I asked the question on Twitter, but I’ll ask it here as well. It looks like Twitter could very possibly not be around much longer. But ‘Worcester Twitter’ has been a very important and useful organizing tool. Twitter could just get slowly worse over time but remain essentially useable for Worcester Twitter’s purposes. But it could also disappear tomorrow. And I don’t wanna lose Worcester Twitter. So where do we move it? Discord? Reddit? Mastadon, whatever that is?
All ideas are good ideas at the current moment. Let’s get a backup plan together.
Also, I read with interest this story from Spectrum headlined “What's pushing restaurants out of the Canal District?”
The question is certainly punctuated by Smokestack Urban Barbeque’s recent decision to close. That restaurant has been one of the biggest mainstays in the area and it’s also the closest to Polar Park. The consensus, per the story, seems to be high overhead costs and lack of parking. I tend to think that’s a bit reductive, and it made me revisit a story I wrote on the matter last year. In that story, I interviewed urban geography professor Alex Tarr who offered a much better analysis of the situation than ‘we need more parking.’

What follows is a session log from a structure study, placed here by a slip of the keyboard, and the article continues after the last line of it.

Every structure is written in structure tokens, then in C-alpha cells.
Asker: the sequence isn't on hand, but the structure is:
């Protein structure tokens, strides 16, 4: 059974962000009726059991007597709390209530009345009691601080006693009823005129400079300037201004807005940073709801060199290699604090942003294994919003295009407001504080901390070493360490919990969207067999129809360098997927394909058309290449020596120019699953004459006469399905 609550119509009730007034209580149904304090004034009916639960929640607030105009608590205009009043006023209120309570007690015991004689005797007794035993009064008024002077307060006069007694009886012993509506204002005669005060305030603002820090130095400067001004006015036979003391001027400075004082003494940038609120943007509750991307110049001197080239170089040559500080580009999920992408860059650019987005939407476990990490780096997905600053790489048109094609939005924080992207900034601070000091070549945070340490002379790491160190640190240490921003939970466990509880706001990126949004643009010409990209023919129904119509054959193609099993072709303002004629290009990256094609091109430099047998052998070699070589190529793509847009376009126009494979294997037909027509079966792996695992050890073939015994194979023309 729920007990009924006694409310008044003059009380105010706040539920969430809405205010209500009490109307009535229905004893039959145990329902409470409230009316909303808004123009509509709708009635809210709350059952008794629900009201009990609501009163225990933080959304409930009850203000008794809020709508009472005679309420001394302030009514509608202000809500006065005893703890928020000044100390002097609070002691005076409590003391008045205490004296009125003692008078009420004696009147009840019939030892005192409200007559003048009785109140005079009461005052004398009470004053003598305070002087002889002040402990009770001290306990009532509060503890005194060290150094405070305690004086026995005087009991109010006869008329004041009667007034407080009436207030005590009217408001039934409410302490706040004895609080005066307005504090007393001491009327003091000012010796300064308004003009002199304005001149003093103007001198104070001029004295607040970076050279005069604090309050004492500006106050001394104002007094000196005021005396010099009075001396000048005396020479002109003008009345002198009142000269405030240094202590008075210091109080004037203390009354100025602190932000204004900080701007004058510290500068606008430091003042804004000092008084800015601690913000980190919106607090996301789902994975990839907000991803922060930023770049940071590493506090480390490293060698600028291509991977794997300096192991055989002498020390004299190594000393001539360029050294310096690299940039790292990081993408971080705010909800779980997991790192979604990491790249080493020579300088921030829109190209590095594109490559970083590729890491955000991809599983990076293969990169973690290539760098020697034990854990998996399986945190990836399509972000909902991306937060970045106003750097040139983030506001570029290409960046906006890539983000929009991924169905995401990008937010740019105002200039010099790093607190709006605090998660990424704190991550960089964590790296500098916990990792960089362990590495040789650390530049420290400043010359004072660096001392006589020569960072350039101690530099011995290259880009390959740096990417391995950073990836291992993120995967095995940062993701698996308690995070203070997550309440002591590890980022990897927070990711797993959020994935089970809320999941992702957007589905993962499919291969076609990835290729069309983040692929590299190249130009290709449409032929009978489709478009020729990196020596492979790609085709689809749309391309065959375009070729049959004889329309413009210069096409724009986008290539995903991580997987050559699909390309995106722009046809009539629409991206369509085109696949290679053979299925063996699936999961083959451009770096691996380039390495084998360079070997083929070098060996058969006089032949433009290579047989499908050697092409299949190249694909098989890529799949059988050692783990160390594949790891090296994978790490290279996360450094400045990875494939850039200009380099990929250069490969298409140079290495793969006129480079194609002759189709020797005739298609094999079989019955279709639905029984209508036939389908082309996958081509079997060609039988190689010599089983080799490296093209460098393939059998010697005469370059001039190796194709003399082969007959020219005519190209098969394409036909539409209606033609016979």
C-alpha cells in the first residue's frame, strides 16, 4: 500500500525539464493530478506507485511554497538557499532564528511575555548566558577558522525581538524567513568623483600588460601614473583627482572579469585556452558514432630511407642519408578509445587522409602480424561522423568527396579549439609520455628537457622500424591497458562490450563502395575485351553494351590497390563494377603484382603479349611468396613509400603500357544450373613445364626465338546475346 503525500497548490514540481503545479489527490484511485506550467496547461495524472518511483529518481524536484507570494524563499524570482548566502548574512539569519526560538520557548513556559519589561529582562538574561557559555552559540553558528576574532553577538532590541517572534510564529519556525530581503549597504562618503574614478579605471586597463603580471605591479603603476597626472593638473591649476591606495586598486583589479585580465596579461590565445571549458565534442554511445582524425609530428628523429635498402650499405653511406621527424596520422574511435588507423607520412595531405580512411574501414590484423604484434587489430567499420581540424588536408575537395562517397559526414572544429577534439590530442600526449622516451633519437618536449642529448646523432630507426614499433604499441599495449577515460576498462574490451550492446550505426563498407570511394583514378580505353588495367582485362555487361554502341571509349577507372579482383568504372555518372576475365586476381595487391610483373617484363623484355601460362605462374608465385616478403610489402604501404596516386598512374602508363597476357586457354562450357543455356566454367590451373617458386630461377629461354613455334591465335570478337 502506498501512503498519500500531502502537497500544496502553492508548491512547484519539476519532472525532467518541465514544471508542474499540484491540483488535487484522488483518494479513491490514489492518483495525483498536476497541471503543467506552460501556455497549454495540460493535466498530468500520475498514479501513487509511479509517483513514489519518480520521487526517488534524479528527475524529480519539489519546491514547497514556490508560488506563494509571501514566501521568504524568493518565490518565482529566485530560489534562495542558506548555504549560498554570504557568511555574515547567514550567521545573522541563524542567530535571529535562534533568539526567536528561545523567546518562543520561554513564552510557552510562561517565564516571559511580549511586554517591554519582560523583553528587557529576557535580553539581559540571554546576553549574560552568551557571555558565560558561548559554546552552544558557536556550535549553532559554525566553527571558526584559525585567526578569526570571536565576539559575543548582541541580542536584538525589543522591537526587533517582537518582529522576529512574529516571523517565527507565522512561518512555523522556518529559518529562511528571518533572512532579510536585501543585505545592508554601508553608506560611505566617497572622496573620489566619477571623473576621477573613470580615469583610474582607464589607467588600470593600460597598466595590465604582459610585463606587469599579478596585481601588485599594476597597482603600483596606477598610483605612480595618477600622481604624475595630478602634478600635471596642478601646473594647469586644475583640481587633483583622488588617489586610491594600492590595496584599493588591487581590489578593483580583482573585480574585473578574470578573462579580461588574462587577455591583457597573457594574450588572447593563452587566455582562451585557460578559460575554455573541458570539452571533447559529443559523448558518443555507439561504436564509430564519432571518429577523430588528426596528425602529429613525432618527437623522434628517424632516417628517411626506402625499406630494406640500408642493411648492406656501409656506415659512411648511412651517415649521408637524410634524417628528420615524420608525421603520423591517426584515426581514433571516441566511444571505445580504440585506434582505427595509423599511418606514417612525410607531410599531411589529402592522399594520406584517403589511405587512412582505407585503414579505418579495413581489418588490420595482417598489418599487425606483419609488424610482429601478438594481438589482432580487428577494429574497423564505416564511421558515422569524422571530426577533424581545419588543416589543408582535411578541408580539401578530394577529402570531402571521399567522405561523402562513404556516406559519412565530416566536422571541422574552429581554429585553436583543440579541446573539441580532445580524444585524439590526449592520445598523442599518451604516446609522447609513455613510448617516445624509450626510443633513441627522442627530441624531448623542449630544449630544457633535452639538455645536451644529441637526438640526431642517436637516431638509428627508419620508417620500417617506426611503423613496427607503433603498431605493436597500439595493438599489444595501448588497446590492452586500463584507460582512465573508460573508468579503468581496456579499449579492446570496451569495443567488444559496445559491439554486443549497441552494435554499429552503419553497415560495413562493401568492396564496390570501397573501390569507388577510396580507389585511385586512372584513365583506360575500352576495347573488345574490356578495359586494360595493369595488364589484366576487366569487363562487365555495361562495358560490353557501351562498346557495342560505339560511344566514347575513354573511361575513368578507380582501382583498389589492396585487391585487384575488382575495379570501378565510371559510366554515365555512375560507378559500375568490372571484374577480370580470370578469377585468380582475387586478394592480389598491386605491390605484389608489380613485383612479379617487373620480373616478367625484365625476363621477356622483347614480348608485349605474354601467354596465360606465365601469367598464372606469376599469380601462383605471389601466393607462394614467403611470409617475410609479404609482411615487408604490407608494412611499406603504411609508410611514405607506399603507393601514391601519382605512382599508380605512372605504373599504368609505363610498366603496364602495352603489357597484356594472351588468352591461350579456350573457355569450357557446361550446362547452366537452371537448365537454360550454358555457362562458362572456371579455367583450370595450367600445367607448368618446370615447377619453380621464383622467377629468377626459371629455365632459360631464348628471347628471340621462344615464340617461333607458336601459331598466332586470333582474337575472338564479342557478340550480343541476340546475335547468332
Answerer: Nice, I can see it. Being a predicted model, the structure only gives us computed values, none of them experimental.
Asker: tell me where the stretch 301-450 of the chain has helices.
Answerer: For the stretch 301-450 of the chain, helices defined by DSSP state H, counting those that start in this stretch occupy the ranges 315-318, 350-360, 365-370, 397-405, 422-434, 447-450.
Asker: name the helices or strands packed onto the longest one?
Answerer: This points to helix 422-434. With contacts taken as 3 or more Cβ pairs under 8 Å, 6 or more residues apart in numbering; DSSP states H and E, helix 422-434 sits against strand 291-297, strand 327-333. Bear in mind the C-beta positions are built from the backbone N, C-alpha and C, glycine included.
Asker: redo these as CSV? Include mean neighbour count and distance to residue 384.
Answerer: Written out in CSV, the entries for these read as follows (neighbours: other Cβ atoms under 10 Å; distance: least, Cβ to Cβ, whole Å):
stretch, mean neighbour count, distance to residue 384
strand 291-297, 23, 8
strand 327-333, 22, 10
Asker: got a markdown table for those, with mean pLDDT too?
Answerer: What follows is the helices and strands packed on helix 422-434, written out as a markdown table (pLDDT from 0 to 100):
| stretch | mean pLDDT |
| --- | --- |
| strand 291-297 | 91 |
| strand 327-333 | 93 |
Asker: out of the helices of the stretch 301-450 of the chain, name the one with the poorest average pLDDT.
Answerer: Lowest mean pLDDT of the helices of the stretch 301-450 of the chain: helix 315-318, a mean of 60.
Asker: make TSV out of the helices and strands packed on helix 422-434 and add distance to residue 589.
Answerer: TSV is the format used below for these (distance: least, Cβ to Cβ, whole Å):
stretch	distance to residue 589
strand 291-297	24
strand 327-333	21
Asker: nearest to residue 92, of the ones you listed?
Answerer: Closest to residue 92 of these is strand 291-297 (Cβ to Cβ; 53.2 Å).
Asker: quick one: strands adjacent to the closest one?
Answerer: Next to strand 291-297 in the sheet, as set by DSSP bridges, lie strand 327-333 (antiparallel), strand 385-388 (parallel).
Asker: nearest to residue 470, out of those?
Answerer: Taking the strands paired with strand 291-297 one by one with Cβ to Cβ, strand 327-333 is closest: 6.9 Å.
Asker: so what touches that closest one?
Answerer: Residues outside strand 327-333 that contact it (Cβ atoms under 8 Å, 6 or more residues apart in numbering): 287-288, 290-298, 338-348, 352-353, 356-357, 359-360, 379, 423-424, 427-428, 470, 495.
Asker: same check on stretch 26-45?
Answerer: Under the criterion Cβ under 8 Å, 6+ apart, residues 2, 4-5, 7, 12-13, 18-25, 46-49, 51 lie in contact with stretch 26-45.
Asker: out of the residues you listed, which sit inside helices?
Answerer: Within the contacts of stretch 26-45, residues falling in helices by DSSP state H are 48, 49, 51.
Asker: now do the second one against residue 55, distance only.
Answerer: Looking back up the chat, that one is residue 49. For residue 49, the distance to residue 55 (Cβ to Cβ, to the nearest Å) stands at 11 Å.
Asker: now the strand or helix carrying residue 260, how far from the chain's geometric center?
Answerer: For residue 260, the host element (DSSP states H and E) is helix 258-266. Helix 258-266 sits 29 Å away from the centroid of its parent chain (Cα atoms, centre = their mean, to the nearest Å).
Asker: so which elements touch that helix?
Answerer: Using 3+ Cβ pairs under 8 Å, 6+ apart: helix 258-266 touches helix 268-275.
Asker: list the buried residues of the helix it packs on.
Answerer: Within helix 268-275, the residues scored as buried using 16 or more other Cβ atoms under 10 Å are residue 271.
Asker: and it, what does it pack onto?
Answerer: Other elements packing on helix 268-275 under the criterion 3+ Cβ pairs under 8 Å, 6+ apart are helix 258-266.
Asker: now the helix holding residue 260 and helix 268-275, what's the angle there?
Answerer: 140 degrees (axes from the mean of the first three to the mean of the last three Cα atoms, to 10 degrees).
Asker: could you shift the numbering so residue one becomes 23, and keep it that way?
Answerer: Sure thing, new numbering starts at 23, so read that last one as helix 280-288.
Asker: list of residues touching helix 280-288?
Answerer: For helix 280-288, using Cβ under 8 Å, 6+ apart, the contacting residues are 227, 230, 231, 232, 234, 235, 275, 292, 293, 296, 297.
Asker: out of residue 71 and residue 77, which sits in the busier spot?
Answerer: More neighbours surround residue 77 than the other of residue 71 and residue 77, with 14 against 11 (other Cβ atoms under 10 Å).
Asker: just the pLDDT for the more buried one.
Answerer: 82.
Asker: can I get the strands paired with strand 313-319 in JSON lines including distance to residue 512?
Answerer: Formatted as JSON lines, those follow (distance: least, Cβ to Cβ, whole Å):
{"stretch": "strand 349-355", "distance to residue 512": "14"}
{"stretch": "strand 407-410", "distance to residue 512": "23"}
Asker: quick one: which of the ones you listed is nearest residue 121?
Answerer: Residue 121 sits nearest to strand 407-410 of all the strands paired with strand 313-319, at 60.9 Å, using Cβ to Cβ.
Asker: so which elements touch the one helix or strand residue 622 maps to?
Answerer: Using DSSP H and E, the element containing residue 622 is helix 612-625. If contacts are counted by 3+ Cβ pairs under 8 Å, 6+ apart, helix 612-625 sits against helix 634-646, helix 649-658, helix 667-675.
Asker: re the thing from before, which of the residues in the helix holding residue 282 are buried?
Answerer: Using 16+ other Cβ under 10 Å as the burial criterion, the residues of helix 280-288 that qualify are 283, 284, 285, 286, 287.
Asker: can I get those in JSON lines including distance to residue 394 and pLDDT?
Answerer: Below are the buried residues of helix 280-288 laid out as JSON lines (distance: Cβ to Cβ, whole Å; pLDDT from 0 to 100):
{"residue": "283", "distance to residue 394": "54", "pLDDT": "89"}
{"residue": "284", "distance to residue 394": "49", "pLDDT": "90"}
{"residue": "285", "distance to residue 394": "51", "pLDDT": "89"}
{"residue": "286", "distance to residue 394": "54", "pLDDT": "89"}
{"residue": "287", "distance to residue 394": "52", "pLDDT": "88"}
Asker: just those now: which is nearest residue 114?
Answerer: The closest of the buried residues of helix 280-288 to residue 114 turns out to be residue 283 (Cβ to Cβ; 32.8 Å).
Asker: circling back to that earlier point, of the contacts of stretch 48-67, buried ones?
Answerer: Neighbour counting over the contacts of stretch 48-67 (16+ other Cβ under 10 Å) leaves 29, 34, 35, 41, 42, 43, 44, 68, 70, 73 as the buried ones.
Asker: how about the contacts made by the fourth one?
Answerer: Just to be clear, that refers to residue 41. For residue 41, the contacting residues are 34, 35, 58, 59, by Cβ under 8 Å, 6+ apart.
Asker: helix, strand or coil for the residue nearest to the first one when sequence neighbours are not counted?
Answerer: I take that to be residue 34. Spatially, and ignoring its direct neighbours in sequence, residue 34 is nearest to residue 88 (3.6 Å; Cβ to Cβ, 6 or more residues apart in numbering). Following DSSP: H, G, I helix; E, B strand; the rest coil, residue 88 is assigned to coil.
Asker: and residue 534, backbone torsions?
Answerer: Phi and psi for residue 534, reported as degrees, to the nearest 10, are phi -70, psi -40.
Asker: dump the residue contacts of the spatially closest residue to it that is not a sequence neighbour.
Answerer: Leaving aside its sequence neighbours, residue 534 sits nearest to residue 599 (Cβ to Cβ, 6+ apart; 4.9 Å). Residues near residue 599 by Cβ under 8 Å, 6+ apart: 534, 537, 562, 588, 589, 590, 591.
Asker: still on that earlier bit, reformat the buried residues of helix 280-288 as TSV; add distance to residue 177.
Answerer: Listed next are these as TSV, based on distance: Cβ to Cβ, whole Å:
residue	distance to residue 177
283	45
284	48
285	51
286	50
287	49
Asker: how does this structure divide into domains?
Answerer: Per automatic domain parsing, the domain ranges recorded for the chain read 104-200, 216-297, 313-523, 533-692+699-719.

The issues with Polar Park as they relate to the thriving retail and restaurant scene around it run so much deeper than parking a car. Over the past few years, the Canal District, and Green Street in particular, have blossomed into a thriving corridor of small restaurants and shops. It’s perhaps the one place in Worcester where Worcester feels like a city. And it’s because it’s dense. It’s walkable. It had a sort of natural design built in that allowed it to grow.